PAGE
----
A: (a) Boost both red and blue lights by beta into frame S'.
Set the distances equal to each other (the second components of the boosted quaternions) and solve.
The second observer moves toward the first observer at a relative speed of 0.48c.
(b) Substitute the value for v/c into the boosted time for the events.
The red light happens first for observer S'.
(c) Calculate the difference between the first two components of the quaternions.
The time difference is 4.39 microseconds.
Addition of velocities
If a quaternion is normalized to its interval, it becomes:
If a quaternion is normalized to its interval and the first term which is gamma, the result is a quaternion characterizing the velocities:
This quaternion can be formed from any quaternion and boosted accordingly.
For this series of problems, we need a more general boost quaternion, one where y and z are not zero.
Define the function Lambda to do the general boost along x.
R&H: 2-59 Watching the decay of a moving nucleus
Q: A radioactive nucleus moves with a uniform velocity of 0.050c along the x axis of a reference frame S fixed with respect to the laboratory. It decays by emitting an electron whose speed, measured in a reference frame S' moving with the nucleus, is 0.80c. Consider first the case in which the emitted electron travels (a) along the common x-x' axis and (b) along the y' axis and find, for each case, its velocity as measured in frame S. (c) Suppose, however, that the emitted electron, viewed now from frame S, travels along the y axis of that frame with a speed of 0.80c. What is its velocity as measured in frame S'?
A: (a) Boost the velocity quaternion by -0.05c, and keep it as a velocity quaternion by normalizing it with the resulting gamma.
The relative velocity in frame S is 0.817c along the x axis.
(b) Do that again, with y = 0.8.
The magnitude and angle of the velocity vector can be calculated.
The velocity vector is 0.8005c 3.58 degrees to the right of the y axis.
(c) Repeat the calculation, switching the sign of the boost.
A similar quaternion to b, so the velocity vector is 0.80056c, but 3.57 degrees to the left of the y axis.
Baranger: Boosting boosted frames
Q: (a) Frame S' moves with respect to frame S with velocity beta1 in the +x direction. Frame S'' moves with respect to frame S' with velocity beta2 also in the + x direction. Frame S" moves with respect to frame S with velocity Beta, also in the +x direction. Let gamma1, gamma2, and Gamma be the 3 Lorentz factors corresponding to these 3 velocities, respectively. Prove the formula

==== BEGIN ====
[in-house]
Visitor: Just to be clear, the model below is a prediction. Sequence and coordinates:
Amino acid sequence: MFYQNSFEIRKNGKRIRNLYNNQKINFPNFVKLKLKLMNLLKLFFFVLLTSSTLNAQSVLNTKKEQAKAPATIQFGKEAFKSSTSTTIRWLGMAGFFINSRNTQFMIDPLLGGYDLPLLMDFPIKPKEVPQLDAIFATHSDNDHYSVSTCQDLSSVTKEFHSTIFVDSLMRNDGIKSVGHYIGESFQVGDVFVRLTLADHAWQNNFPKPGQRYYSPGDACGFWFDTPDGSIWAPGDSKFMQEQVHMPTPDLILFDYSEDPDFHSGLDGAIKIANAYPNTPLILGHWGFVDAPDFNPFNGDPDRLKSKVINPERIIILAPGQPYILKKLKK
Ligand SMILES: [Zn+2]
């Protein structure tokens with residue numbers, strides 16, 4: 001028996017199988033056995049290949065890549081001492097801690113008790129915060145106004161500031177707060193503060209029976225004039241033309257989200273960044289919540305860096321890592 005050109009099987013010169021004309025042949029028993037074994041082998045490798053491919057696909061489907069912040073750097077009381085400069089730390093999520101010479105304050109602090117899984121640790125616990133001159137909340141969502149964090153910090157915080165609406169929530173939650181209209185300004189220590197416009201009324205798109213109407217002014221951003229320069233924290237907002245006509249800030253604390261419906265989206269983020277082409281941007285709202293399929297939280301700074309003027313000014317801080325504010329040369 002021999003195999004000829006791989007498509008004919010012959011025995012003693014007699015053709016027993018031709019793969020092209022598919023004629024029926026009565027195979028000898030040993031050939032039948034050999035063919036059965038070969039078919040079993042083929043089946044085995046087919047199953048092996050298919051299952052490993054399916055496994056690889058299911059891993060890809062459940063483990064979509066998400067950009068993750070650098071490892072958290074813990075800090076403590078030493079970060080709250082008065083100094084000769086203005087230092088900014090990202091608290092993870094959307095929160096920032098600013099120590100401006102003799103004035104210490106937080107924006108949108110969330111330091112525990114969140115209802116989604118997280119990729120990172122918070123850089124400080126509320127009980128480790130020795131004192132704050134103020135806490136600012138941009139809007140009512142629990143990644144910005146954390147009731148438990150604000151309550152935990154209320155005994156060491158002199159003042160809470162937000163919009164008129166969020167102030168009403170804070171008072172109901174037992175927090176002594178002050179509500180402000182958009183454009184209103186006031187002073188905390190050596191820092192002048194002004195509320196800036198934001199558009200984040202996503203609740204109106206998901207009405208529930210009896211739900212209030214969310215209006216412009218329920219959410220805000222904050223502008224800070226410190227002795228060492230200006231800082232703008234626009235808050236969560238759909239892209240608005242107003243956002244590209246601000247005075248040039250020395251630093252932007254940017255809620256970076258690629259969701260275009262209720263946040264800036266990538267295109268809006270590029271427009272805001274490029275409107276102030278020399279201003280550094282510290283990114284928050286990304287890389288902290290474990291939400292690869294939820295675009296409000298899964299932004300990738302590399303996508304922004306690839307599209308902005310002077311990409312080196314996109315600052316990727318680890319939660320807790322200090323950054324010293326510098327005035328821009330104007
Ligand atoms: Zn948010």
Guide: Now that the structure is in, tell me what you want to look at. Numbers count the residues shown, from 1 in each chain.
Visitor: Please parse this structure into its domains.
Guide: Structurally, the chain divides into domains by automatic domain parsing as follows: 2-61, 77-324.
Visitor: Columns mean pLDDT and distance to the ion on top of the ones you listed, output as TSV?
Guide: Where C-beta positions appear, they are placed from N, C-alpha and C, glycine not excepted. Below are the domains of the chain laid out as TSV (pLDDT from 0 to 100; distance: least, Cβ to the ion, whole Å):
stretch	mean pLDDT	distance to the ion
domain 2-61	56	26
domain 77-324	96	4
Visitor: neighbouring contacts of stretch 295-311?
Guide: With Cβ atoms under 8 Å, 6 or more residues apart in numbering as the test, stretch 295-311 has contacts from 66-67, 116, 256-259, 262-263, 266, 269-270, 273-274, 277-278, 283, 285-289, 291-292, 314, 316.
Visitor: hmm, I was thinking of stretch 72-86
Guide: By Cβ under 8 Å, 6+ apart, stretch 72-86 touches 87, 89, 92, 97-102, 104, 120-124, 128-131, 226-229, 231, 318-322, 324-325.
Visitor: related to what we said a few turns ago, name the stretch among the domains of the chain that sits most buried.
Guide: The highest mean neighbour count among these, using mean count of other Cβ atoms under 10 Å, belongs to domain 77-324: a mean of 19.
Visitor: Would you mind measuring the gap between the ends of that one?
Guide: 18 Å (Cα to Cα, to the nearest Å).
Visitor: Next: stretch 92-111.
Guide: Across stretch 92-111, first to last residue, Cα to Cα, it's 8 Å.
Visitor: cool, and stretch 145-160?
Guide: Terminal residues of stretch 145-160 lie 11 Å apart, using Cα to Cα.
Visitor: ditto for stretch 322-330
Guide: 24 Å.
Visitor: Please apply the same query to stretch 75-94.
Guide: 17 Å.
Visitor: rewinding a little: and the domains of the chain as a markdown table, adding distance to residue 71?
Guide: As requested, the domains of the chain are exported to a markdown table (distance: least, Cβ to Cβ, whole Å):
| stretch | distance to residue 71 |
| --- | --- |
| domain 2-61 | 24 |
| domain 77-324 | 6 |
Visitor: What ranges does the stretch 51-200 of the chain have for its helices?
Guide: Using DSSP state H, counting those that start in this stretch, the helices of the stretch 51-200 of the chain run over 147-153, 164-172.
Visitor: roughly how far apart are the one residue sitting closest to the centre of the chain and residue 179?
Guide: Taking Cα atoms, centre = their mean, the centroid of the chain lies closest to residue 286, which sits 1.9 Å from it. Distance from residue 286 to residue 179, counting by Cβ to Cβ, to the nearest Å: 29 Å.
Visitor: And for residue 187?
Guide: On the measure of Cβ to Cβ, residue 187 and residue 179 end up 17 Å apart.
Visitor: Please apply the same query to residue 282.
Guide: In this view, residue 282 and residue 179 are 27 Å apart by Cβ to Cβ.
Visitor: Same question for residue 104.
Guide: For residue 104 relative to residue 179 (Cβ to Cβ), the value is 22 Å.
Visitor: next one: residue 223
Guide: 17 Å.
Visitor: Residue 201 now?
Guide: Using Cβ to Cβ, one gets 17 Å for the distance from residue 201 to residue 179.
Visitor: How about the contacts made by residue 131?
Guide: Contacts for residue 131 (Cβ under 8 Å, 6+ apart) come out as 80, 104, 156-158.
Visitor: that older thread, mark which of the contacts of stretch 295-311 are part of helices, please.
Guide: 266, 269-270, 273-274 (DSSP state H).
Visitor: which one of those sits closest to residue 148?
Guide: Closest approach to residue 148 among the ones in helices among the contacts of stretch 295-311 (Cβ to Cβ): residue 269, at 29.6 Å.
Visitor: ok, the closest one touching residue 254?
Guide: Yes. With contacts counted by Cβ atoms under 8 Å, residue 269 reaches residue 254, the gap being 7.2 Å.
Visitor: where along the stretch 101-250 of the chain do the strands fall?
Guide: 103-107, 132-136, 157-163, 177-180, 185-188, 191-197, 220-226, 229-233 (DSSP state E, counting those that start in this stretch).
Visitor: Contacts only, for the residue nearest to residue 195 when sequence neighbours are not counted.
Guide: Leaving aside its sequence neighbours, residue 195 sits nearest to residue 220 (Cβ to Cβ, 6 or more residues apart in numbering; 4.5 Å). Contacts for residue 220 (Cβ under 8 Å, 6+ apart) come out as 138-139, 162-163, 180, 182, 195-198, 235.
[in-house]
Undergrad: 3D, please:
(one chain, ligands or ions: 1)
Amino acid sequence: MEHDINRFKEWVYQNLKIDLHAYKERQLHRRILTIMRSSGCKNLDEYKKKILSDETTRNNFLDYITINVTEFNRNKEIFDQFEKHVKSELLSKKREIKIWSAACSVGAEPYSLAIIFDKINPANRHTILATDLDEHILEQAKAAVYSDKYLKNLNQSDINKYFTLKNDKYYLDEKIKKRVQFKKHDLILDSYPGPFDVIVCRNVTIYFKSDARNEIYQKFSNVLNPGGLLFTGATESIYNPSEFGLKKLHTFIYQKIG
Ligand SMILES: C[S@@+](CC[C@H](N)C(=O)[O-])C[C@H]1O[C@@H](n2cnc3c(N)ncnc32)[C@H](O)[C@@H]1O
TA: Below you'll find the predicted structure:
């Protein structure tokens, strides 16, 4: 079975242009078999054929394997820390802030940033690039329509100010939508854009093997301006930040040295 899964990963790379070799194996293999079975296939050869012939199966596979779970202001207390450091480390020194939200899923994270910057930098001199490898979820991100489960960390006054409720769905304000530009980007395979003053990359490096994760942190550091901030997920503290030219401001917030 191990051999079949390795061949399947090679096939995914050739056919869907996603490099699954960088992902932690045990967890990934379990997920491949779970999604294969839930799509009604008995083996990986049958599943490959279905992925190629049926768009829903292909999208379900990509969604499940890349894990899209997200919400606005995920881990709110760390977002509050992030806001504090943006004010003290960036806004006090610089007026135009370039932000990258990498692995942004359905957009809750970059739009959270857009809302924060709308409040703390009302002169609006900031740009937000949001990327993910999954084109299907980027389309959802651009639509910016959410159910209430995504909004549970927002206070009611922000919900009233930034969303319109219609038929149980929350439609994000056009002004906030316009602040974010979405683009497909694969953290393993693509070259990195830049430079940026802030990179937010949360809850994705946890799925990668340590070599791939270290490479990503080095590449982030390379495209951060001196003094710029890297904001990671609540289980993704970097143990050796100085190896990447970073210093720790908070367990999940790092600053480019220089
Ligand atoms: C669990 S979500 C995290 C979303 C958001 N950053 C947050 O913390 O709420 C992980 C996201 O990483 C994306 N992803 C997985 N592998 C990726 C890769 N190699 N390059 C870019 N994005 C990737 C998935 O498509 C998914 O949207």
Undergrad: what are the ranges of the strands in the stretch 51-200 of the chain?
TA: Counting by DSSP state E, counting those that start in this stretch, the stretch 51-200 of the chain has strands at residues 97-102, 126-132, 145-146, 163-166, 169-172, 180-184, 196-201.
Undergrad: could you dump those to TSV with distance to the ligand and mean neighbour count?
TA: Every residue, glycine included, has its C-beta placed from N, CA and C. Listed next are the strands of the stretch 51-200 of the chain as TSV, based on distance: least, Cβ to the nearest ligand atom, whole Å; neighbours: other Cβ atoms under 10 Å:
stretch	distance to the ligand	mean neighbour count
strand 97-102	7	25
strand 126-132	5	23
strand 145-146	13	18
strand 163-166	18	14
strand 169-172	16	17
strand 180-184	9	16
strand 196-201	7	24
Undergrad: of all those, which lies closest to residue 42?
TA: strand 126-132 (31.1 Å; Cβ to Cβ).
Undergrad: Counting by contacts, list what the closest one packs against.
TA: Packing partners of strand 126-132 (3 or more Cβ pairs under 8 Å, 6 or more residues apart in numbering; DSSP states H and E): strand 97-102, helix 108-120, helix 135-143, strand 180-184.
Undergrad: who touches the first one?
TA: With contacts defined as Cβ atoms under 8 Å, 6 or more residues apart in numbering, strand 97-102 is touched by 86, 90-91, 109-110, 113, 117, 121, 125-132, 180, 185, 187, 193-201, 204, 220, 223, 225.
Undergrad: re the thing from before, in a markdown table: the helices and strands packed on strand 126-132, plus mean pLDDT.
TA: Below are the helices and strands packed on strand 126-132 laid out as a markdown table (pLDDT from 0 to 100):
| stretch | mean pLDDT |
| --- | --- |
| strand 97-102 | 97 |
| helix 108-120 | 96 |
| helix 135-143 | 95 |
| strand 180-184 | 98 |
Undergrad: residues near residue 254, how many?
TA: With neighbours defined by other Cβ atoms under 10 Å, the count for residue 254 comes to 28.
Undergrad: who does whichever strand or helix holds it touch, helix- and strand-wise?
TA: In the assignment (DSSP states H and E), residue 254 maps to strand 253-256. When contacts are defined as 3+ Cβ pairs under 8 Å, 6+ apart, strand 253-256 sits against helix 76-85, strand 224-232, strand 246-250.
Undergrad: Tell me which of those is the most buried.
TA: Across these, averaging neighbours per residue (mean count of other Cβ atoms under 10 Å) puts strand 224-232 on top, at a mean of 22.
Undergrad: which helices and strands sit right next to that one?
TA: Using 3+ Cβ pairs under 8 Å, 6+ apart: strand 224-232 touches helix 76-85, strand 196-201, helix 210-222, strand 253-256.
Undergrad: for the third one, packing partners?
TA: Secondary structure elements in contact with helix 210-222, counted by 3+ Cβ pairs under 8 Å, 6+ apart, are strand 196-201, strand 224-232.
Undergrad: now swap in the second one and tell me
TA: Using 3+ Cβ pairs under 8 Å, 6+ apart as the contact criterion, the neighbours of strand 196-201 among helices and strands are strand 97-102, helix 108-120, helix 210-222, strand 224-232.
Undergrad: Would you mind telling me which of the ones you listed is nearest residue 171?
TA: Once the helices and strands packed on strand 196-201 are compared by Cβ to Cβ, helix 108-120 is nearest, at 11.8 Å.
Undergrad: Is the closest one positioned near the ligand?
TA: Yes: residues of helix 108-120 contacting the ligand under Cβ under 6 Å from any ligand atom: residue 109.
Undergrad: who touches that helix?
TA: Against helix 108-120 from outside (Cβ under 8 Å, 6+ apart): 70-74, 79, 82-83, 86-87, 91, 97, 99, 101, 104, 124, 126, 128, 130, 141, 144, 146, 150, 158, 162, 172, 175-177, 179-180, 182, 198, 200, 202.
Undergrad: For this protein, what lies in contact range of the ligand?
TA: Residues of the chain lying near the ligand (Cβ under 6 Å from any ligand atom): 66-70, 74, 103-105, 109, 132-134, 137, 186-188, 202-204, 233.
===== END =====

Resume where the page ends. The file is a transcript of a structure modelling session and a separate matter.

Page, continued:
(b) 2 identical particles are having a head-on collision. In their center-of- mass frame, each has a Lorentz factor gamma. Assume gamma >> 1. Now look at them in the Lab frame in which one of them is at rest, and call Gamma the Lorentz factor of the projectile particle. Show that Gamma is approximately equal to .
A: (a) From the reference frame of S', beta1 is towards it (so is negative) and beta2 is away from S' (so it is positive).
The first term is the gamma being sought. Note that the second term divided by the first term gives the expected addition of relative velocities for frame S'. The sign is opposite for frame S.
(b) If gamma >> 1, use the approximation for beta of one minus epsilon, where epsilon is a small number. Plug into the results from part (a).
Substitute back into Gamma big.
Gamma for the projectile particle is the first term of the above quaternion, approximately .
French: 5-7 2 ways to double a boost
Q: An inertial system S1 has a constant velocity v1 along the x axis relative
to an inertial system S. Inertial system S2 has a velocity v2 relative to S1.
Two successive Lorentz transformations enable up to go from (t, x, y, z) to
(t1, x1, y1, z1) and then from (t1, x1, y1, z1) to (t2, x2, y2, z2). Show that
this gives the same result as a single Lorentz transformation from (t, x, y,
z) to (t2, x2, y2, z2) provided we take the velocity of S1 relative to S as
A: Boost once, then again.
Now boost once using the addition of velocities rule.
These two quaternions are identical, as expected.
There are a few tools required to solve problems in special relativity using quaternions to characterize events in spacetime. The most basic are a round value for c and gamma.
Define a function for quaternions using its matrix representation.
A quaternion L that transforms a quaternion (L q[x] = q[x']) identical
to how the Lorentz transformation acts on 4-vectors
(Lambda x = x') should exist. These are described in detail in the notebook "A different algebra for boosts." For boosts along the x axis with y = z = 0, the general function for L is
Most of the problems here involve much simpler cases for L, where t or x is zero, or t is equal to x.
If t = 0, then
If x = 0, then
If t = x, then
Note: this is for redshifts. Blueshifts have a plus instead of the minus.
The problems are from "Basic Concepts in Relativity" by Resnick and Halliday, 1992 by Macmillian Publishing, "Special Relativity" by A. P. French, 1966, 1968 by MIT, and Prof. M. Baranger of MIT.